To carry a Maryland appellation, 75 percent of a wine's content must come from state-grown grapes. Wineries have used up the state's production and desperately seek more, said Joseph A. Fiola, a viticulture specialist with the Western Maryland Research and Education Center.

With more than 200 acres of vineyards in the state, Anne Arundel falls somewhere in the middle, with more than 7,000 vines, Maryland Grape Growers Association figures show. About 35 vineyards statewide supply wine-quality grapes.

In Anne Arundel, about a half-dozen grape growers have shown interest in opening wineries, and one is set to open soon, county officials said.

Grape-growing is painstakingly slow.

It takes about three years to produce grapes and several more to break even on an investment, which can cost about $15,000 or more an acre. What held local grape growers up, however, was a zoning rule that prohibited farmers from processing some of their crops on site: Grape growers could not make their own wine.

With that rule lifted last summer for wineries, the 2-acre Harness Creek in Annapolis plans to open over the next several months.

`A destination'

Because wineries evoke romance and intrigue - think Napa Valley and the south of France - county officials hope travelers will be attracted not only by the prospect of vineyards tucked amid rolling hills near the Chesapeake Bay, but also by the area's airports and Interstate 95 corridor.

Wineries could generate bed-and-breakfast inns and add value to other industries as well, they say.

"They're making [the county] a destination for people to come out to, and while we're not that far advanced yet, I'd think that is where we're heading," said Jeff Opel, district manager of the county's soil conservation district.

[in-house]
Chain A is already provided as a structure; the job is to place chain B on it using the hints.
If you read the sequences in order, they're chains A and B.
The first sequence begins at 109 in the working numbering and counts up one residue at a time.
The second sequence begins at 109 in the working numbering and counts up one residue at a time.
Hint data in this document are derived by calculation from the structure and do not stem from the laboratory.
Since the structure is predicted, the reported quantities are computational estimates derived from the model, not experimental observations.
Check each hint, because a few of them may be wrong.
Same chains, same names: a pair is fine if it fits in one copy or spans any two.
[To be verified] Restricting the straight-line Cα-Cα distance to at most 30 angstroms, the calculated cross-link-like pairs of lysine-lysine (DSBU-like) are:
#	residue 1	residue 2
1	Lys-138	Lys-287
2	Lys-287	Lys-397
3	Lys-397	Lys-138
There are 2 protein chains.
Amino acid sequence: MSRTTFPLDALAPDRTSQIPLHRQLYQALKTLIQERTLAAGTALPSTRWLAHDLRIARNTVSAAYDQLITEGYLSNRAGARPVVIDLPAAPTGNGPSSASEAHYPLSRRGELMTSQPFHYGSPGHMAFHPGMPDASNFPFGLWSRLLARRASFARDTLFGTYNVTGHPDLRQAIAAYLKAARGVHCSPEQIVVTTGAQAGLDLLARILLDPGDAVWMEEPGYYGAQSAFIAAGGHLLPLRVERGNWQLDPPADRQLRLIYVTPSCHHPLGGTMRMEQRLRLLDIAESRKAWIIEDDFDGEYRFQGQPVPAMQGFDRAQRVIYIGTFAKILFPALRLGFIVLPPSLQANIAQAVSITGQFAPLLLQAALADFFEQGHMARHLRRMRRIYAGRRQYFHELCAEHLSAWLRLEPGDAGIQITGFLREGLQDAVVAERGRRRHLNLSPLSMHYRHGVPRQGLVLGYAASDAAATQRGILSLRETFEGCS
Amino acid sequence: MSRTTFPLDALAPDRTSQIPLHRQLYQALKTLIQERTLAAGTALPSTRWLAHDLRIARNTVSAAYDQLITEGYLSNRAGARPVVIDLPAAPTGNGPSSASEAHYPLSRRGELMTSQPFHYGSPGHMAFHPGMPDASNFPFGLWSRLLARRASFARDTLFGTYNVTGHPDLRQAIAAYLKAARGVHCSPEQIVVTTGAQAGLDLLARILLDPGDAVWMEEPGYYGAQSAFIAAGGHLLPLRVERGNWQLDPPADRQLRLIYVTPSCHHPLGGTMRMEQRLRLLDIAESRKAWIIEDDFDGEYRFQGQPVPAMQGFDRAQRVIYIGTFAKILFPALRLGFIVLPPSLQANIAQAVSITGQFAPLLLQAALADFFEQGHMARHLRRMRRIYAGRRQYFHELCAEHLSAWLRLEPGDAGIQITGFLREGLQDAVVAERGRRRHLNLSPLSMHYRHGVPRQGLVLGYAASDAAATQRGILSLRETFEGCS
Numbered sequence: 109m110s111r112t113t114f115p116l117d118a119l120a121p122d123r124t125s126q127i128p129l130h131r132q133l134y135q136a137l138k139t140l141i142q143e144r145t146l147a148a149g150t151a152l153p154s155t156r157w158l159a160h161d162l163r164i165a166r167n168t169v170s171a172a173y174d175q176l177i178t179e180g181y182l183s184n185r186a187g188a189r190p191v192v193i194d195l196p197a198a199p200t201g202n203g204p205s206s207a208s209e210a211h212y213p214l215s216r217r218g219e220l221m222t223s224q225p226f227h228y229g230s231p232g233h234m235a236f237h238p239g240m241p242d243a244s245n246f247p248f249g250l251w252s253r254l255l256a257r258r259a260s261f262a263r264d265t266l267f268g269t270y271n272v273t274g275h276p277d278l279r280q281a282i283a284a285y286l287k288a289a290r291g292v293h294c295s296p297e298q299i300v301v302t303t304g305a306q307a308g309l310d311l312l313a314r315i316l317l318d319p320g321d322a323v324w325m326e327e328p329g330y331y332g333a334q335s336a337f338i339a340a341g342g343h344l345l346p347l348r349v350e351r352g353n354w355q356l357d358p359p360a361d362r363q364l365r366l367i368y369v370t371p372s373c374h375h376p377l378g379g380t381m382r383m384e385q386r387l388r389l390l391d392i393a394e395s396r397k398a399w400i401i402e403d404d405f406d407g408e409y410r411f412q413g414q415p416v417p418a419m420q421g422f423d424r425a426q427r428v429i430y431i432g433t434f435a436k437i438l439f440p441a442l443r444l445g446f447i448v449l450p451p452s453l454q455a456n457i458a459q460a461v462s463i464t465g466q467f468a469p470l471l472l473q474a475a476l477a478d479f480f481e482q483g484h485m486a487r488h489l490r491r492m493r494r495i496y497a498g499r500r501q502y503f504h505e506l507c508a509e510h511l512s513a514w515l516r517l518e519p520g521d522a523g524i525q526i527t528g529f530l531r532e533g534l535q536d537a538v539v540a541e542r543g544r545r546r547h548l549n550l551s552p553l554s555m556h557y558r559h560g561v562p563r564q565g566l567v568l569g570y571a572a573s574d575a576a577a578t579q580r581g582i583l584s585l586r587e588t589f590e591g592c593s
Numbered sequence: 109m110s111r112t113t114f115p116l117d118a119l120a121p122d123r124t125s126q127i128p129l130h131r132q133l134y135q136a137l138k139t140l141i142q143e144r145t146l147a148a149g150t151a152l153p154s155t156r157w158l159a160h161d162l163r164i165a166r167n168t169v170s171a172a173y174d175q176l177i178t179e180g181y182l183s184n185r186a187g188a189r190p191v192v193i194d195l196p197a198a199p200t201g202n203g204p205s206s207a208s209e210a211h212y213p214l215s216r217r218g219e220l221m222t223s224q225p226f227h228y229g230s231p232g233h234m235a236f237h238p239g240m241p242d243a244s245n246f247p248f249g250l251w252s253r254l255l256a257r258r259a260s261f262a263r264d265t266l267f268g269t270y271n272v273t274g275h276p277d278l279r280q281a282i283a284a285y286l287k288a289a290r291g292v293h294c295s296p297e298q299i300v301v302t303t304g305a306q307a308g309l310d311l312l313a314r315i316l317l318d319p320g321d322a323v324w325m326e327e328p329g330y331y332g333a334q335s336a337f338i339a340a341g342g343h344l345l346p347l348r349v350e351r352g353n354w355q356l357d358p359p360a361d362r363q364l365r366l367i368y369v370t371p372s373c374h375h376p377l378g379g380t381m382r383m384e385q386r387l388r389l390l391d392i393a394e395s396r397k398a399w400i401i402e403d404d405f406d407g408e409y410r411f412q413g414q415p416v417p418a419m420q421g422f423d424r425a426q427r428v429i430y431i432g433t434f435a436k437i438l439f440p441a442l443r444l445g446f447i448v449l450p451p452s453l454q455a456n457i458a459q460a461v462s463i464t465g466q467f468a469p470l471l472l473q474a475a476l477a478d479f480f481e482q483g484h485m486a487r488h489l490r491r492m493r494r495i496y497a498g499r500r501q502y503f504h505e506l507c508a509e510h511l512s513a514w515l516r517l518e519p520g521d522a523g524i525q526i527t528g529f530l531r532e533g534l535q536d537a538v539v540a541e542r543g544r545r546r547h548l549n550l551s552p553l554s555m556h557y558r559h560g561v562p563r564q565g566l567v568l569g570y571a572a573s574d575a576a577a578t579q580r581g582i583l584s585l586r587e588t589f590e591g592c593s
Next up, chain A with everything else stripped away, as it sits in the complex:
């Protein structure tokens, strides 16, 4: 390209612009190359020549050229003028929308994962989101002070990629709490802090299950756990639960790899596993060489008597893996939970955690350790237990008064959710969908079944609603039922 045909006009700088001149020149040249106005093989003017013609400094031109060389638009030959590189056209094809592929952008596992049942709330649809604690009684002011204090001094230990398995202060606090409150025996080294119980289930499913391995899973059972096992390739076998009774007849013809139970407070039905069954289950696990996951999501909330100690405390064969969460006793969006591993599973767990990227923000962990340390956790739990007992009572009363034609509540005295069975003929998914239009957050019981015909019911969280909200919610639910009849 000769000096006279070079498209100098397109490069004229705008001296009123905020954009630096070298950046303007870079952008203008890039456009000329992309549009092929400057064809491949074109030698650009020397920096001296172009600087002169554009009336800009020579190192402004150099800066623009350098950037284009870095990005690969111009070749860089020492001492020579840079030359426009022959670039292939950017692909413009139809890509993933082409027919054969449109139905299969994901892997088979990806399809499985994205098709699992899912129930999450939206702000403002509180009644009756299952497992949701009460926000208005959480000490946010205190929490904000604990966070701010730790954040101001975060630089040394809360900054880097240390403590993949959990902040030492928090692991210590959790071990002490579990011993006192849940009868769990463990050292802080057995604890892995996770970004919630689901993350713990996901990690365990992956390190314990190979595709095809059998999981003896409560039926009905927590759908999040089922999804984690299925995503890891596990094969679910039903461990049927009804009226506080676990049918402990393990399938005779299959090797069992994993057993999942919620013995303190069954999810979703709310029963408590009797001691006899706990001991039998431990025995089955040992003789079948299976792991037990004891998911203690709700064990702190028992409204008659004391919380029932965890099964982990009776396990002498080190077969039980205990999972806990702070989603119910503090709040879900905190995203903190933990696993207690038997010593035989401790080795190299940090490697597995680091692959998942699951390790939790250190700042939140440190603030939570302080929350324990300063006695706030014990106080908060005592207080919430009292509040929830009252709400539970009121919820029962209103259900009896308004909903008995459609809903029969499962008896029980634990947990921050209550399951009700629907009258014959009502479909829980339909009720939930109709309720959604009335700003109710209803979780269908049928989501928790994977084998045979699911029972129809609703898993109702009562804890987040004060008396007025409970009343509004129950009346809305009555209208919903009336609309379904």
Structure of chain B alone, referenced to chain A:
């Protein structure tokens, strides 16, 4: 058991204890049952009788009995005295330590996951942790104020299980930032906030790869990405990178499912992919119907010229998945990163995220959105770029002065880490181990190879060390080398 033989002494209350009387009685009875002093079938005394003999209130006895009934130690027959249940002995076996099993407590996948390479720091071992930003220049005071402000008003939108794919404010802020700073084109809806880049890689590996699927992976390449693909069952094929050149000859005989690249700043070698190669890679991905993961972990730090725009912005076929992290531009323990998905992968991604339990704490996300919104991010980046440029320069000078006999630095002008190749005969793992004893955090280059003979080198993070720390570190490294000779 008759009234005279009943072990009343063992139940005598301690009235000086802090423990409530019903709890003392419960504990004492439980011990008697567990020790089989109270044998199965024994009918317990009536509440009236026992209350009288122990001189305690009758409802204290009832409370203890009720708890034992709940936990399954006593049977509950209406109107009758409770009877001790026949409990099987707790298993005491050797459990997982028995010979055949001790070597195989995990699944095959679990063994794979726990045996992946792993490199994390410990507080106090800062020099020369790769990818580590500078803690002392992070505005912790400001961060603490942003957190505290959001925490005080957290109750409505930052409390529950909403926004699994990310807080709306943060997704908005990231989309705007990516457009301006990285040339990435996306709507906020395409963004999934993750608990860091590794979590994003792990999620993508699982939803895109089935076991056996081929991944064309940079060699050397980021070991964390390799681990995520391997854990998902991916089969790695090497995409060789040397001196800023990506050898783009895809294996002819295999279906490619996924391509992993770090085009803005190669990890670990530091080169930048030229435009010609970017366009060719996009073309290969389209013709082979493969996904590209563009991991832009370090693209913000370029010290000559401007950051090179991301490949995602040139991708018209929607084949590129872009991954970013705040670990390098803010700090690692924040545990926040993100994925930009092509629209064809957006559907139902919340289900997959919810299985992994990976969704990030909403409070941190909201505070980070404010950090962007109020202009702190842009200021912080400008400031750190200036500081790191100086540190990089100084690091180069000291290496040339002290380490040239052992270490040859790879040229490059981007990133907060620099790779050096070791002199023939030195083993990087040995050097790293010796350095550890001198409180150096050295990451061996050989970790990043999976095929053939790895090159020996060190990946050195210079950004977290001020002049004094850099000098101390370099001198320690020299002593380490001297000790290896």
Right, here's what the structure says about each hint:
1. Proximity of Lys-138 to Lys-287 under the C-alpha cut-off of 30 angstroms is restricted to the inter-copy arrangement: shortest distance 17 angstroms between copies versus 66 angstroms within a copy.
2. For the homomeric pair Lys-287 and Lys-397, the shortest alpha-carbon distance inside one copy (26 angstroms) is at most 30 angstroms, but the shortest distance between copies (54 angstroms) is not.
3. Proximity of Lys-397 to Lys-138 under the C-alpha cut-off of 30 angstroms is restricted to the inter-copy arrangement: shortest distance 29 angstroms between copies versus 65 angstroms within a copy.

Anne Arundel County Farmers' Market

Riva Road & Harry S. Truman Parkway, Annapolis

Saturdays, 7 a.m. to 12 p.m., April 17 to Sept. 25

Tuesdays, 7 a.m. to 12 p.m., June 15 to Oct. 12

Sundays, 11 a.m. to 2 p.m., July 4 to Sept. 5

Fall and Christmas hours: Saturdays, 8 a.m. to 12 p.m., Oct. 2 to Dec. 18

Downtown Annapolis Farmers' Market

Calvert and Clay St. (across from the Arundel Center)

Thursdays, 11 a.m. to 2 p.m., July 8 to Sept. 30

Deale Farmers' Market

Cedar Grove United Methodist Church parking lot

5965 Deale-Churchton Road

Thursdays, 3 p.m. to 6 p.m. Early July to mid-October

Piney Orchard Farmers' Market

Piney Orchard Community Center parking lot

Stream Valley Drive off Route 170, Odenton

Wednesdays, 2 p.m. to 6:30 p.m., June 9 to Oct. 27

Thanksgiving Special: Wednesday, Nov. 24, 12 p.m. to 4 p.m.

Severna Park Farmers' Market

Ritchie Highway (Route 2) and Jones Station Road, Severna Park

Saturdays, 8 a.m. to 12 p.m., May 1 to Oct. 30

Maryland's wineries and grape growers

For information contact the Association of Maryland Wineries, www.marylandwine.com and the Maryland Grape Growers Association, www.marylandwine. com/mgga